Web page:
The above objects of the present invention can be accomplished by a method in which an electrically conductive protective sheet applied to a semiconductor wafer is stripped off while it is kept grounded so that generated static electricity is discharged immediately, which is attained by an electrically connectable combination of the electrically conductive protective sheet and an electrically conductive stripping tape.
Accordingly, the present invention provides a method of stripping off a wafer-protective sheet which comprises bonding an electrically conductive continuous-form stripping tape comprising a flexible substrate to, through a pressuresensitive adhesive layer, an electrically conductive protective sheet applied to a semiconductor wafer on its side where a circuit pattern has been formed, and then peeling the stripping tape from the semiconductor wafer to thereby strip the protective sheet from the semiconductor wafer, the bonding and peeling of the stripping tape being conducted automatically by means of an automatic stripping system while the protective sheet is kept being grounded through the stripping tape.
According to the method of the present invention, in which a protective sheet applied to the circuit pattern side of a semiconductor wafer is automatically stripped off together with a continuous-form stripping tape bonded to the protective sheet, a static electricity-discharging system can be established by imparting electrical conductivity to both of the protective sheet and the stripping tape to thereby electrically connect the sheet and the tape with each other and by grounding the electrically conductive stripping tape. Due to the discharge system, the generation of static electricity during the automatic stripping of the protective sheet by means of an automatic stripping system can be prevented or reduced and, hence, circuit breakage can be avoided.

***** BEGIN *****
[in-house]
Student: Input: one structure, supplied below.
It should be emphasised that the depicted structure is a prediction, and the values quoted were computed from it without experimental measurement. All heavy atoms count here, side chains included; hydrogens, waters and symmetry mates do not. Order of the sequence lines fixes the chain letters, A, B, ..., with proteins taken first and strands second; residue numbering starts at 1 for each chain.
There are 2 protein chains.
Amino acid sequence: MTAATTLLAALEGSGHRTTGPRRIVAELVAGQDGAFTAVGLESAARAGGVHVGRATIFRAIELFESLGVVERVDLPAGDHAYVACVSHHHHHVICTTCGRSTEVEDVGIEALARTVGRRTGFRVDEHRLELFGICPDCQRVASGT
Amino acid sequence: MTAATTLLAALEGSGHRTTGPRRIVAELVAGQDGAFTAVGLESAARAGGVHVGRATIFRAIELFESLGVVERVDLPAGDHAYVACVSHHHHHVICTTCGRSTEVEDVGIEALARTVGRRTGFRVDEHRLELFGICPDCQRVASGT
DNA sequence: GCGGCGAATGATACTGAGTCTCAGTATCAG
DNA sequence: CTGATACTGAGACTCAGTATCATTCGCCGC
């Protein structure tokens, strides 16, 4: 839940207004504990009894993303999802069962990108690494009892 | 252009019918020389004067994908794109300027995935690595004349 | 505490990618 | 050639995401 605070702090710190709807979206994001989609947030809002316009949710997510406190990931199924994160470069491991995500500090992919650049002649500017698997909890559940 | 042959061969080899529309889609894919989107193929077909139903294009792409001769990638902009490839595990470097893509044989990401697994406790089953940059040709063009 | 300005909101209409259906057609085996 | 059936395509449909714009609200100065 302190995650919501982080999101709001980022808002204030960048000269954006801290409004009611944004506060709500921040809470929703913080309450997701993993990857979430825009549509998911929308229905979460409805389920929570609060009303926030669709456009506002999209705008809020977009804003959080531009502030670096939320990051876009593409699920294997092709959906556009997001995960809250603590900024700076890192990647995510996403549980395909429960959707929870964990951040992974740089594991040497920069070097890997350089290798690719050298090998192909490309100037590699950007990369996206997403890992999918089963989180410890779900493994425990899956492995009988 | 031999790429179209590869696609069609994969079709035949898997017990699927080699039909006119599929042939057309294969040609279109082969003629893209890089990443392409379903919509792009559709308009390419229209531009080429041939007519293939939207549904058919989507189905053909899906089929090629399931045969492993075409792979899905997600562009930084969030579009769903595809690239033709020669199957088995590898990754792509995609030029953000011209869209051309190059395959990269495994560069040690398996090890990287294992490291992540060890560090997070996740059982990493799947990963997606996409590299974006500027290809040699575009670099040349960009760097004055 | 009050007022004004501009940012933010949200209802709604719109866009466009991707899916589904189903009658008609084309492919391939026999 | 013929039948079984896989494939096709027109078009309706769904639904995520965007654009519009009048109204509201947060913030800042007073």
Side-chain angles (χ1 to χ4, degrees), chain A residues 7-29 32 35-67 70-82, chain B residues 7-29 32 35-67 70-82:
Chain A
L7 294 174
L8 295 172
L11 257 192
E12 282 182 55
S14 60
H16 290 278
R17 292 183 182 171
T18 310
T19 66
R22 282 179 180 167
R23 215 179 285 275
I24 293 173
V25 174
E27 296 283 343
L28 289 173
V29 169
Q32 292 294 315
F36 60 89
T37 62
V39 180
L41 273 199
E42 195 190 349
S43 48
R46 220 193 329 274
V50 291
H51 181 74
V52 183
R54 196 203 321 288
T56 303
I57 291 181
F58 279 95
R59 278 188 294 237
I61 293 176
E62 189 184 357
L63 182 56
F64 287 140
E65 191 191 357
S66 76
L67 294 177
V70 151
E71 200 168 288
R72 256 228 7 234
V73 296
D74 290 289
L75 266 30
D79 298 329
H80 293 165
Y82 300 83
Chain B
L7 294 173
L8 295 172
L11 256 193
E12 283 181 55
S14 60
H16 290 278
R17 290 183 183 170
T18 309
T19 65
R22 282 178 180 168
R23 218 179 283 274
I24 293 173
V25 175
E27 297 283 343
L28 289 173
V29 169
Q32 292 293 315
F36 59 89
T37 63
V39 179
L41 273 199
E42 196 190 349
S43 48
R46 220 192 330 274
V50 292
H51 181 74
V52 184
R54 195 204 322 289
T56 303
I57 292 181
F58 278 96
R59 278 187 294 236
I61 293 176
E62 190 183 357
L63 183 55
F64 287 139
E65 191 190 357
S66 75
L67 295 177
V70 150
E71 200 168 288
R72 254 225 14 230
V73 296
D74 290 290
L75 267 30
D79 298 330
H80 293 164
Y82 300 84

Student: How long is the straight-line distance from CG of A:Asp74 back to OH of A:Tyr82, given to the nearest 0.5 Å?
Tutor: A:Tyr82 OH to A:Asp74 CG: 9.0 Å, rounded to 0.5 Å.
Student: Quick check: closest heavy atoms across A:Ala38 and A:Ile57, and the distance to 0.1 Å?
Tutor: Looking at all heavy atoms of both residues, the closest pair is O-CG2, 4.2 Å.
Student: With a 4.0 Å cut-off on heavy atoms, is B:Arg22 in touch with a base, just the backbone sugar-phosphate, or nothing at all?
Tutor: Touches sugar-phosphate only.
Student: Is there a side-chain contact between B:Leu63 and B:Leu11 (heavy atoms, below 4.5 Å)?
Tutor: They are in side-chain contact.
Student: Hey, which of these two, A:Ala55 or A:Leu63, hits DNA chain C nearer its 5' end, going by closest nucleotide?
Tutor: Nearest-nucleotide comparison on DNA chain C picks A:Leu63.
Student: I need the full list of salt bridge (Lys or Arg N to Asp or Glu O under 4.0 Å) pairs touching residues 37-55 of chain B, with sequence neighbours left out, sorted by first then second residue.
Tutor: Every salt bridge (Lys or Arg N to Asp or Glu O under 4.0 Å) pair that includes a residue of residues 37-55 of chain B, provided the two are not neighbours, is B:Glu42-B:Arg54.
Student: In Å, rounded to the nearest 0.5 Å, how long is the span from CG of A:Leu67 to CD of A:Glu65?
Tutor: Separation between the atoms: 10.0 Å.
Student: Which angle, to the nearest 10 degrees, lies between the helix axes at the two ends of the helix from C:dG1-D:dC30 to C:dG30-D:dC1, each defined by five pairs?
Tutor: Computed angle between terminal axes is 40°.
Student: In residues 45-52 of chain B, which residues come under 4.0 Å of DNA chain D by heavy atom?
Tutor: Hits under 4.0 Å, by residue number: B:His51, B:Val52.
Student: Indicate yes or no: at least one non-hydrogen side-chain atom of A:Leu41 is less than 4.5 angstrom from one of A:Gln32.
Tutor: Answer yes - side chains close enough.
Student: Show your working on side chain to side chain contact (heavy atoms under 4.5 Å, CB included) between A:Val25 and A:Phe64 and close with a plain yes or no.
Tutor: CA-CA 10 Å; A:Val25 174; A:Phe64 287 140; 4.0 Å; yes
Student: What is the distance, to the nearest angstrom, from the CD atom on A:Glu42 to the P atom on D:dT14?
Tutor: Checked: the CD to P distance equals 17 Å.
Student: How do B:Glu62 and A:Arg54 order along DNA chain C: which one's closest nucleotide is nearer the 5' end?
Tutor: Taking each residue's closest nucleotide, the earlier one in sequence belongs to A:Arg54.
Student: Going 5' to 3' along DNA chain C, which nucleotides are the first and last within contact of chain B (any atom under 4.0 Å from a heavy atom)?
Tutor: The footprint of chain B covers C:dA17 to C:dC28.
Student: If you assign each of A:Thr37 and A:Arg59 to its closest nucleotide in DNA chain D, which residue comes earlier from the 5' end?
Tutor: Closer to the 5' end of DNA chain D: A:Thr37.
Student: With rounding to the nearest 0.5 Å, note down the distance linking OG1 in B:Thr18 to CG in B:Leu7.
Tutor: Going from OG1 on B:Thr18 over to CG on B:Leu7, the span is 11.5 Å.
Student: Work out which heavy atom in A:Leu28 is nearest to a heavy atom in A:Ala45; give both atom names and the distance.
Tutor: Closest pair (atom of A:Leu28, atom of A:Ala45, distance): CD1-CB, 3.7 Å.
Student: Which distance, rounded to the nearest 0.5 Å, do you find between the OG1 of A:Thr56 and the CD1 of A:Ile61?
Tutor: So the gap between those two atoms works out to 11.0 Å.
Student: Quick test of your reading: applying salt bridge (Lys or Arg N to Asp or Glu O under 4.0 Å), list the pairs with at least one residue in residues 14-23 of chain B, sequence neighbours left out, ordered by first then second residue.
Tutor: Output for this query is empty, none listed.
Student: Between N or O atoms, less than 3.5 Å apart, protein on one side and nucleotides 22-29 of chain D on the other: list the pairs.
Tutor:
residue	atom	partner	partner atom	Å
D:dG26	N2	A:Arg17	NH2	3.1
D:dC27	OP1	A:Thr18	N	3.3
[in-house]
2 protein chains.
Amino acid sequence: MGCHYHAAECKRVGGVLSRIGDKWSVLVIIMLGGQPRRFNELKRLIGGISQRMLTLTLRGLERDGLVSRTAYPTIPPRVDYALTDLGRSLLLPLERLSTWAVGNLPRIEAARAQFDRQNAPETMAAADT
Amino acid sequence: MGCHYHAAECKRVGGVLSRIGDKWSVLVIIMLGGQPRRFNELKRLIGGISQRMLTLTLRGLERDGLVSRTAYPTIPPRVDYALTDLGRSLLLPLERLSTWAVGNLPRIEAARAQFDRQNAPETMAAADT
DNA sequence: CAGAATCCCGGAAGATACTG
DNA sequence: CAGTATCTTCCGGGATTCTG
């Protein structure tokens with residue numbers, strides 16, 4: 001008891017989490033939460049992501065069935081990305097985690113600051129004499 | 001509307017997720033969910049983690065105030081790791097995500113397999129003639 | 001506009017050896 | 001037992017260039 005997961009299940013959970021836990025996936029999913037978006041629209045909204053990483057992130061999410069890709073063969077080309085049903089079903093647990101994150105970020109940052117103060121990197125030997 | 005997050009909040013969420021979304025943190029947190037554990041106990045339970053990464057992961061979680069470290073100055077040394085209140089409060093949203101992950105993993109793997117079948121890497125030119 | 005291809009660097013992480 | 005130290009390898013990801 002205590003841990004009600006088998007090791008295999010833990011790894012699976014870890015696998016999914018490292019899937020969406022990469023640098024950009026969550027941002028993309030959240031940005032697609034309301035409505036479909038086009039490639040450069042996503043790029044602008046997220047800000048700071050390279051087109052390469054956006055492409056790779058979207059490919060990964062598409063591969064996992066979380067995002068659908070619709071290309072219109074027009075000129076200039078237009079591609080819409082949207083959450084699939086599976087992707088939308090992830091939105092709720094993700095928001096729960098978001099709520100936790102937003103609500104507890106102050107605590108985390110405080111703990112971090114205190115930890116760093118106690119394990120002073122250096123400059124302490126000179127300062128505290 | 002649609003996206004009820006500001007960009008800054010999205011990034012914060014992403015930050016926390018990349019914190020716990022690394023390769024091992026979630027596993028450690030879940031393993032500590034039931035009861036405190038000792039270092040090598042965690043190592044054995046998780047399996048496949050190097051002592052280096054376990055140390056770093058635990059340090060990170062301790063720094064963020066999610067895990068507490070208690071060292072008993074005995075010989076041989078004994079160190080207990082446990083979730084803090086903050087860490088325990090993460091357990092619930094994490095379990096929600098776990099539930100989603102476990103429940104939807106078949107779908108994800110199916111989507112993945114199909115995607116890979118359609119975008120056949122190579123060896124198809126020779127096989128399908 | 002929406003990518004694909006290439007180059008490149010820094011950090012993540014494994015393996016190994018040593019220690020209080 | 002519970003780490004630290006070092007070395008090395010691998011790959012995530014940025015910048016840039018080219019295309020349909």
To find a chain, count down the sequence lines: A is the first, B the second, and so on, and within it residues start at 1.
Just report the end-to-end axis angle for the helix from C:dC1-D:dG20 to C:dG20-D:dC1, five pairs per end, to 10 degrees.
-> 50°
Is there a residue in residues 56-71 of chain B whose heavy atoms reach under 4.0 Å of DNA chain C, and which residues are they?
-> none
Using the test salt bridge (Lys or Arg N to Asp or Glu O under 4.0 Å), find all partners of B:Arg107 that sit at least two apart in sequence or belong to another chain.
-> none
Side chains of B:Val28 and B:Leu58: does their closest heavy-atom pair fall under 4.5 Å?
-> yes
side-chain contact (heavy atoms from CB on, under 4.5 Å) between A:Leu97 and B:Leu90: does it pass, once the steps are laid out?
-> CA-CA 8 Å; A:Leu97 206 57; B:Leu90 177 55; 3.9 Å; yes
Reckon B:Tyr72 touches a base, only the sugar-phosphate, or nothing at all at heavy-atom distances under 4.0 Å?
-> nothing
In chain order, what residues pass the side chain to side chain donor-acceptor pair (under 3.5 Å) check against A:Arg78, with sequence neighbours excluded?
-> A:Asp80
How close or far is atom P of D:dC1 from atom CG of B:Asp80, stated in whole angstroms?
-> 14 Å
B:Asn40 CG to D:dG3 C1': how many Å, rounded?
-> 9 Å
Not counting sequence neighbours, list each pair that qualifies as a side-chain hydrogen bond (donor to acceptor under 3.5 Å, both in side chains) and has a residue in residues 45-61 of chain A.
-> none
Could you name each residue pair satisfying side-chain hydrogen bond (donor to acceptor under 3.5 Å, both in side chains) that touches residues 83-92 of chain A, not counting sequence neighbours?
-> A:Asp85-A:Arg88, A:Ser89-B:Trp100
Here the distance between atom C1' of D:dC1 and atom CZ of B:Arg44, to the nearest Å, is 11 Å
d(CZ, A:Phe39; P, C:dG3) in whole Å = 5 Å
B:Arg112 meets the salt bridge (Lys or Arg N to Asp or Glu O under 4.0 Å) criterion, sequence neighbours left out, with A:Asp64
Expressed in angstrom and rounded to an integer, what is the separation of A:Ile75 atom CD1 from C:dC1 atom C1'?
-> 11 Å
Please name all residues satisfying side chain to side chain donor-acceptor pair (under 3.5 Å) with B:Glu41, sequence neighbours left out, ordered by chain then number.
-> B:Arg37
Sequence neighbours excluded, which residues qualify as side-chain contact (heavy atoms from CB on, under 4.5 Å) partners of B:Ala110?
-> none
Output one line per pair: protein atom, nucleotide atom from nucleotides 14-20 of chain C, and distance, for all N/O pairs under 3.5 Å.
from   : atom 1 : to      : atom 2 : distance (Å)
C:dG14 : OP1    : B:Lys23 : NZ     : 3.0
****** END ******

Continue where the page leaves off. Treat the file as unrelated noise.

FIG. 1 is a sectional view of one embodiment of the protective sheet stripped off in the method of the present invention;
FIG. 2 is a sectional view of one embodiment of the stripping tape used in the method of the present invention;
FIG. 3 is a plan view showing one embodiment of the bonded state of the protective sheet and the stripping tape; and
FIG. 4 is a view showing one embodiment of the automatic stripping system used in the present invention.
The stripping tape 3 used in the method of the present invention, an example of which is shown in FIG. 2, comprises a flexible substrate, has electrical conductivity, and is in continuous form. Besides being prepared using a metallic tape as a flexible substrate, the stripping tape can be prepared in the same manner as the methods of producing a protective sheet. For example, it may be prepared by a method in which a conductive layer 31 comprising, for example, a thin layer of an electrically conductive substance such as a metal or metal oxide, or a coating layer containing an antistatic agent is formed on one or both sides of a flexible substrate 32 comprising a plastic film; or a method in which an electrically conductive substance or an antistatic agent is incorporated into a flexible substrate or a pressure-sensitive adhesive layer. It is preferred that the stripping tape has a surface resistivity of 10.sup. Ω/□ or less. It is also preferable that in the case where the stripping system is controlled with the aid of a sensing system employing a sensor or the like, the stripping tape is transparent.